October 16, 2006

The Clark Fork River lost a great friend recently with the sudden death of Phil Tourangeau, who died on September 28 following a massive heart attack.

Phil spent his entire career working as a scientist in public service. During much of the last two decades, he worked on Clark Fork River issues for a variety of organizations, including the Milltown Technical Assistance Committee, the predecessor to CFRTAC. Most recently he was a technical advisor to the Confederated Salish and Kootenai Tribes.

A memorial held October 14 at the Milltown Dam site honoring Phil, his work and his life was attended by dozens of friends, colleagues and family members.

A full obituary is included after the jump.

Phillip C. (Phil) Tourangeau, 63, died on Thursday, Sept. 28, at St. Patrick’s Hospital of complications from a severe heart attack.

Born October 31, 1942, in Syracuse, NY to Ruth Melrose Mahaney and Phillip Earl Staff0rd, his family moved west and lived in several locations before settling in Salt Lake City, where he graduated from South High School in 1960. His studies at the University of Utah were set aside for U.S. Army service in Germany from 1963 to 1966. Upon discharge he transferred his studies to the University of Montana in 1968 and has lived in Missoula since. He concentrated his studies in Biology and Chemistry and received a BA in 1971, with continuing graduate studies in Plant Science and Pollution Problems.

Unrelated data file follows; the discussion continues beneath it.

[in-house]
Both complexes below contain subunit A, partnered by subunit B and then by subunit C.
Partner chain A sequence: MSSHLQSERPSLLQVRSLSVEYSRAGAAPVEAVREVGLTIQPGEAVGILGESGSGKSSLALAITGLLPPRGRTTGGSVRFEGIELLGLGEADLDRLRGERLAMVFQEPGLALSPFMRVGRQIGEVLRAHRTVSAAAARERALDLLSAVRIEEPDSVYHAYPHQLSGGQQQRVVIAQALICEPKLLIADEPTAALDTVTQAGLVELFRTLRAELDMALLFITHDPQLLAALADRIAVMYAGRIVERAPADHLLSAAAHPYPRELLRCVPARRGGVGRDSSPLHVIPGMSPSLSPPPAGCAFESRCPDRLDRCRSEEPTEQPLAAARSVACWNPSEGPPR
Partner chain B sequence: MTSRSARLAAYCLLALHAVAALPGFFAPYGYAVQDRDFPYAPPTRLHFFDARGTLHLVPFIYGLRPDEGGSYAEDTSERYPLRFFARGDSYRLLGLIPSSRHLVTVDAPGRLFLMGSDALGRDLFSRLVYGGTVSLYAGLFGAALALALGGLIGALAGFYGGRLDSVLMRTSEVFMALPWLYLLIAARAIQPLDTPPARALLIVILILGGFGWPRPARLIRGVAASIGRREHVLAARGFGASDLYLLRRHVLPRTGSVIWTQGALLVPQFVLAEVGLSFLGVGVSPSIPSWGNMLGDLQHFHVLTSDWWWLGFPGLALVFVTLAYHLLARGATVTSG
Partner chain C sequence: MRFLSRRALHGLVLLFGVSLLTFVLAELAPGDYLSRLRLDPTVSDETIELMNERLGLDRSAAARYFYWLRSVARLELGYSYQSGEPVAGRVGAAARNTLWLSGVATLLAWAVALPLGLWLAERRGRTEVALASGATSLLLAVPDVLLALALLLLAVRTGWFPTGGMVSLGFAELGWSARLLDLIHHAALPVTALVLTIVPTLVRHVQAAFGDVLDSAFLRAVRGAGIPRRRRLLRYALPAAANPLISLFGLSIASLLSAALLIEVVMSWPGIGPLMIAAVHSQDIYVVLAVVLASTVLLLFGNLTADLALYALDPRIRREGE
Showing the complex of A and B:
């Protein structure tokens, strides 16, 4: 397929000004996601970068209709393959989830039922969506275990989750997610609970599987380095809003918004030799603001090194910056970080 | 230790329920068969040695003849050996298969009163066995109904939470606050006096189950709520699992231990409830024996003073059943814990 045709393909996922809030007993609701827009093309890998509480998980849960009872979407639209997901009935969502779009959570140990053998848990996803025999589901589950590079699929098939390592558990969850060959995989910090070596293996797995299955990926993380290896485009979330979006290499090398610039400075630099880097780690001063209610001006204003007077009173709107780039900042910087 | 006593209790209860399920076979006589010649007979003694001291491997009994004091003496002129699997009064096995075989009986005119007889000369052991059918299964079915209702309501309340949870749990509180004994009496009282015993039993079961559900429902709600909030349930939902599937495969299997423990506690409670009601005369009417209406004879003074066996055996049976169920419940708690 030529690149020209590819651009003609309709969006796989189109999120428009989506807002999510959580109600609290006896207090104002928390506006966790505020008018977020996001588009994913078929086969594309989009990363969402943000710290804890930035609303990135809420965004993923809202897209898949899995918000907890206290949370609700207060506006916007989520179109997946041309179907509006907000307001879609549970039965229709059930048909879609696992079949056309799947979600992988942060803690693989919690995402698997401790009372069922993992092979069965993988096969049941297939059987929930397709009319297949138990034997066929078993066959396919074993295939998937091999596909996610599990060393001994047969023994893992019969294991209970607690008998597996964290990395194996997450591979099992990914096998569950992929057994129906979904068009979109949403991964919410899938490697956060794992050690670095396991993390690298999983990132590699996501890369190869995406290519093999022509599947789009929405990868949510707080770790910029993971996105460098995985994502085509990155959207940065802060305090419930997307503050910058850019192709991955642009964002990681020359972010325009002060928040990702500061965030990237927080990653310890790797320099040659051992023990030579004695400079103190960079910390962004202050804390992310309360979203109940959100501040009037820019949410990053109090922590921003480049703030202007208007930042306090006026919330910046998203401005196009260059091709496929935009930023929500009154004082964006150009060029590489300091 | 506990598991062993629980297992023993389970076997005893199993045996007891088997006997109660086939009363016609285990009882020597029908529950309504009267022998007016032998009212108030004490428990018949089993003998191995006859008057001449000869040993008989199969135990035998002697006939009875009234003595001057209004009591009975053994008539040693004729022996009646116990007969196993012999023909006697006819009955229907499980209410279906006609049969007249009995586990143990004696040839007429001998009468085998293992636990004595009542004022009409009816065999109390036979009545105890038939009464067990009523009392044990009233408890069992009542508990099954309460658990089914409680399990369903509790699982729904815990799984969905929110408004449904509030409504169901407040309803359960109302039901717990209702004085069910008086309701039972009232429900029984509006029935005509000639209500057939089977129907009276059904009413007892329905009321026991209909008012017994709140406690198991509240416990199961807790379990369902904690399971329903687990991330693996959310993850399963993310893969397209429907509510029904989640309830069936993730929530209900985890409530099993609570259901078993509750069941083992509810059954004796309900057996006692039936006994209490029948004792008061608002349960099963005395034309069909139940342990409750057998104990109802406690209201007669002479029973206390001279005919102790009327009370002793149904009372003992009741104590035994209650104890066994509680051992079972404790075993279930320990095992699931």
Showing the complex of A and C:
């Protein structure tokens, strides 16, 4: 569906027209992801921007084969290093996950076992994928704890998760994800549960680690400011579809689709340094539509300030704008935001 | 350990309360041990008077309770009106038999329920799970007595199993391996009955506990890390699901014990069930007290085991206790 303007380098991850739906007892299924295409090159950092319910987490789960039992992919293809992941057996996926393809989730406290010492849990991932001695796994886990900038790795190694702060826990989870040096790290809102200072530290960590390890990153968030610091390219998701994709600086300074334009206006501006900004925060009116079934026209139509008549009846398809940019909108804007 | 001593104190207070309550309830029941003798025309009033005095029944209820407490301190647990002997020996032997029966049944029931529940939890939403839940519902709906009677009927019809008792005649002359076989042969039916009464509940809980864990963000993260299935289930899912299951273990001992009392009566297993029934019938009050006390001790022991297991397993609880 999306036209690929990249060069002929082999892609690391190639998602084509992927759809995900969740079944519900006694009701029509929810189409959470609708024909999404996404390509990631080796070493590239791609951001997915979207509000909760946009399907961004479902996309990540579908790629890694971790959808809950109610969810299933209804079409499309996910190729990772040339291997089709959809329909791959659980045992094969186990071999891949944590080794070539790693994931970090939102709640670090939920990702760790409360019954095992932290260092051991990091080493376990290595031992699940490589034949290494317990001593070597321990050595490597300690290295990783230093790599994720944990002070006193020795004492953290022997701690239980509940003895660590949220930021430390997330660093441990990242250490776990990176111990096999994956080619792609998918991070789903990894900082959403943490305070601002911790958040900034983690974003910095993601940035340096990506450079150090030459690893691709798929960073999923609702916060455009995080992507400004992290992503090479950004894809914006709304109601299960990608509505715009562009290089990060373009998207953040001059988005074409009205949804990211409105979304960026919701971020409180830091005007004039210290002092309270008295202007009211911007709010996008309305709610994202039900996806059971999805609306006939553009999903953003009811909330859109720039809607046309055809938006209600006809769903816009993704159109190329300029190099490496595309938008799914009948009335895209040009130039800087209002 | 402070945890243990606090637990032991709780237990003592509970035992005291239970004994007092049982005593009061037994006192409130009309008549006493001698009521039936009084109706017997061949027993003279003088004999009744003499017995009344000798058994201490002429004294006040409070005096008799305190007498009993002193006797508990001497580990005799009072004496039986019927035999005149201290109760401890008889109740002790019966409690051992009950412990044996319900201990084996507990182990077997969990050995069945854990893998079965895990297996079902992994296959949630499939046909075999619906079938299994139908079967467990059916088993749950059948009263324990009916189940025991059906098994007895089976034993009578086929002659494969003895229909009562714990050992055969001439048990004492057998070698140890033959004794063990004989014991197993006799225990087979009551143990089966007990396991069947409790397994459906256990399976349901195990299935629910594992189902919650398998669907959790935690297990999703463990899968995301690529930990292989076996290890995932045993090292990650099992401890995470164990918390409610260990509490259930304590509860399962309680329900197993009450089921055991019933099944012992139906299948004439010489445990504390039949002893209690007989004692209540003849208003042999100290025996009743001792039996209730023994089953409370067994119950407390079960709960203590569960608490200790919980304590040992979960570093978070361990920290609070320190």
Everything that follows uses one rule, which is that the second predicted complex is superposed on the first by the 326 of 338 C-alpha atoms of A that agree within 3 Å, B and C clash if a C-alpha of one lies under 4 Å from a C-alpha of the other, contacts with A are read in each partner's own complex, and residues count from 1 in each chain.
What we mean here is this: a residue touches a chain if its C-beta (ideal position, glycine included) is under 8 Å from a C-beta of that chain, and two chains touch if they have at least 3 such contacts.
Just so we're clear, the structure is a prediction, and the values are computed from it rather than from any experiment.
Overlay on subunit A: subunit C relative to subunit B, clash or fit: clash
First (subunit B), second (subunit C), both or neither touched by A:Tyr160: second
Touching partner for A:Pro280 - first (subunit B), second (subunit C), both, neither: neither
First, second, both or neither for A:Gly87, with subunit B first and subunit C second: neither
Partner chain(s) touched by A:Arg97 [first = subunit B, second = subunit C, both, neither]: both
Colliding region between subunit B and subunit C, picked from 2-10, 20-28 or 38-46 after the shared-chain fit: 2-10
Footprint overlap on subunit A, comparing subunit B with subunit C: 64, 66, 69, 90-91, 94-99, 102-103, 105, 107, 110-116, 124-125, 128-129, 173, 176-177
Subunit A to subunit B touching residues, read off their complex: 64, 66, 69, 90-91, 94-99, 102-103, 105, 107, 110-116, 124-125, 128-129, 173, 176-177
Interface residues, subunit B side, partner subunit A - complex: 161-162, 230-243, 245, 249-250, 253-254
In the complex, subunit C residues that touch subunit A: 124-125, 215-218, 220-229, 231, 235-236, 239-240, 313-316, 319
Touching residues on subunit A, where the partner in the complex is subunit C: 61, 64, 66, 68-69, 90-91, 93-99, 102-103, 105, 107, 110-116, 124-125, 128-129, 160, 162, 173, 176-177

His life’s work was as a scientist in public service. He worked at the Environmental Laboratory at the University of Montana from 1973 to 1985, serving first as Technician and then as Manager. He was Staff Scientist at the Clark Fork – Pend O’reille Coalition from 1988 to 1992; Natural Resources Damages Coordinator for the Confederated Salish and Kootenai Tribes from 1993 to 1999 and 2001 to 2006. He was Natural Resources Damages Coordinator for the National Park Service – Grant Kohrs Ranch from 1999 to 2000. He was a member of Sigma Xi, the Scientific Research Society.

He dedicated himself to gathering reliable information for the public regarding the environmental conditions of the Clark Fork River Superfund Sites. His was a calm, reasoned, steady and determined force for bringing about environmental remediation and natural resource restoration at these sites, including removal of the Milltown Dam.

He loved to travel, often to Pacific Northwest cities. He loved to read, spending many hours in the U.M. Mansfield Library and in Missoula bookstores. In addition to personal family research his special interest was in the history of WWII and the post-war period and he had planned after retirement to visit Germany as a civilian and cross freely through the Brandenburg Gate. He was a good friend to many, all of whom will miss him deeply.

He is preceded in death by both natural parents and is survived by his brother, Ed Tourangeau (Pat) of Lafayette, IN, his stepfather Donald Tourangeau and sister Susan Patterson of Orlando, FL, and his niece Ann Tourangeau of Louisa, VA. At his death the North West Tissue Center facilitated the distribution of anatomical gifts.

Memorials may be made to the U.M. Mansfield Library (Attn: Memorial Donations).
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